McDonald’s recently opened a new kind of restaurant in Chicago, and it’s drawing interest for something other than its famous fare. In addition to the standard menu, the corporation is serving up a new concept: sustainability.

The new building itself is constructed of steel and wood timber, surrounded by over 70 trees and drought-tolerant plants. Its roof is also covered by natural vegetation. The location is part of the company’s Experience of the Future Campaign, an initiative toward meeting contemporary consumer expectations, and ecological soundness is high on that list.

Other features include exterior permeable pavers, which reduce runoff and filter pollutants, LED lighting inside and out, and a kitchen equipped with high energy-efficiency appliances. The company has announced a goal to have all freestanding locations transformed similarly by 2020. As huge as this undertaking appears, it is only a portion of the company’s plan to become totally green. Earlier this year, McDonald’s announced its intention to have 100 percent of its customer packaging generated from renewable, recycled, or certified sources and have recycling available in all its restaurant locations.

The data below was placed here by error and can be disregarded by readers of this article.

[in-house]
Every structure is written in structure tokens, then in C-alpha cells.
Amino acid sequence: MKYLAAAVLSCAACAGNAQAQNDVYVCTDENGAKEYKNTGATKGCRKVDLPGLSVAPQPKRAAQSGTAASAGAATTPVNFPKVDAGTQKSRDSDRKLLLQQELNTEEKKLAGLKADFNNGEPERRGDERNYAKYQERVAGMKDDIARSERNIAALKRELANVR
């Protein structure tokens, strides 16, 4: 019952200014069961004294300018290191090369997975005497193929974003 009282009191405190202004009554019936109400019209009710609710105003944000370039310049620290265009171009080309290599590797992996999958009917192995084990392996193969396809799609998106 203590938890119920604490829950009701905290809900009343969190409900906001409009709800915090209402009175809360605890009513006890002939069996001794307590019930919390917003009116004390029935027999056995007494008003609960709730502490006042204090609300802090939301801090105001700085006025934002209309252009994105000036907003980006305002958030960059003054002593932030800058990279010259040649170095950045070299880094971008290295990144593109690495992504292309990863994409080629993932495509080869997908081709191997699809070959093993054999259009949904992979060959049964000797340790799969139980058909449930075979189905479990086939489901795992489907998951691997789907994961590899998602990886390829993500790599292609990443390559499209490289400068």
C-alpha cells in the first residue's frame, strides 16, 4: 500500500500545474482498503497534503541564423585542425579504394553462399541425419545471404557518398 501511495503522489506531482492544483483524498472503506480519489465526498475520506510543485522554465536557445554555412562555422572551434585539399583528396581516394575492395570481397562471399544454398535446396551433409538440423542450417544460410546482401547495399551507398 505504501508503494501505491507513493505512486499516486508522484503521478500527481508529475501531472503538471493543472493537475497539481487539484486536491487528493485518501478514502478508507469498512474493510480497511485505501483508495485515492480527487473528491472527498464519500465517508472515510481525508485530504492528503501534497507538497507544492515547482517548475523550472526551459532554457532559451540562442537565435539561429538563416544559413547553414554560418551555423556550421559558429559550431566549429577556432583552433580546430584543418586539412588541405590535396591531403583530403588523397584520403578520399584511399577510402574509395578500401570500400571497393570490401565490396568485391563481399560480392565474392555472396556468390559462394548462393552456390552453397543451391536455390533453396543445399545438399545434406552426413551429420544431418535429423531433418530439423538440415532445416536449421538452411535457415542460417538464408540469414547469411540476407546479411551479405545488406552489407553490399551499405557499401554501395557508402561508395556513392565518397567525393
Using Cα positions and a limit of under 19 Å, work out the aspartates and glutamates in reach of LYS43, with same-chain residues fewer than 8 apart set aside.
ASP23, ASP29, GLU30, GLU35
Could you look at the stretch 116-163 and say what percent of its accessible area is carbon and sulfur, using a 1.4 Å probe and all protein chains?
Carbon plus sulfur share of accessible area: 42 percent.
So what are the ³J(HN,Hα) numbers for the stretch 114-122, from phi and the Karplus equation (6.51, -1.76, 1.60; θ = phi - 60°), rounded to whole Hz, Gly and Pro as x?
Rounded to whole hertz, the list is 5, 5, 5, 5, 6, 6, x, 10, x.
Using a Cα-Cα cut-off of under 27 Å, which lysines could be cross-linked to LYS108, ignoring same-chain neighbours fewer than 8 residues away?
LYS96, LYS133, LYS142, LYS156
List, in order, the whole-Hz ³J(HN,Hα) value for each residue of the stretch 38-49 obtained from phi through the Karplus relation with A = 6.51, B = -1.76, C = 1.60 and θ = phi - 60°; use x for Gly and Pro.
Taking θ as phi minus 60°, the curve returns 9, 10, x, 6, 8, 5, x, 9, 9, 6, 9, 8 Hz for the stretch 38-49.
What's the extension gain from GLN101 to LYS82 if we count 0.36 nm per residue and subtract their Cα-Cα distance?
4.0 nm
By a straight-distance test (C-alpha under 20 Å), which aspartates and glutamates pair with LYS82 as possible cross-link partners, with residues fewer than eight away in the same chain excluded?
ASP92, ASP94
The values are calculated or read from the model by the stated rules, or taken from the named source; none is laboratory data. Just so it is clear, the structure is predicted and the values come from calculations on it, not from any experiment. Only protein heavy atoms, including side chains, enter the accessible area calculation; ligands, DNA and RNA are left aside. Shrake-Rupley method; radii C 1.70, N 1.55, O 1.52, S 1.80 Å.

McDonald’s isn’t the only fast food chain concerned with the environment. Wendy’s, as part of its participation in the Department of Energy’s Better Buildings Challenge, has reported a 12 percent reduction in energy usage already, with a goal of 20 percent by 2025. Chipotle re-houses its used equipment and furniture by donating to other restaurants, keeping landfills cleaner, and it requests its shipments with minimal padding to reduce cardboard usage and waste. And Yum! Brands, which owns Taco Bell, KFC, and Pizza Hut, has constructed 30 LEED-certified buildings around the world, with plans to gradually incorporate similar green efforts in all of its locations.

As far as food waste goes, the outlook for earth is good—a 2018 report by the National Restaurant Association revealed that “reducing food waste is emerging as a key activity for [restaurant] operators.”

Reactions from leadership in environmental groups has been highly positive.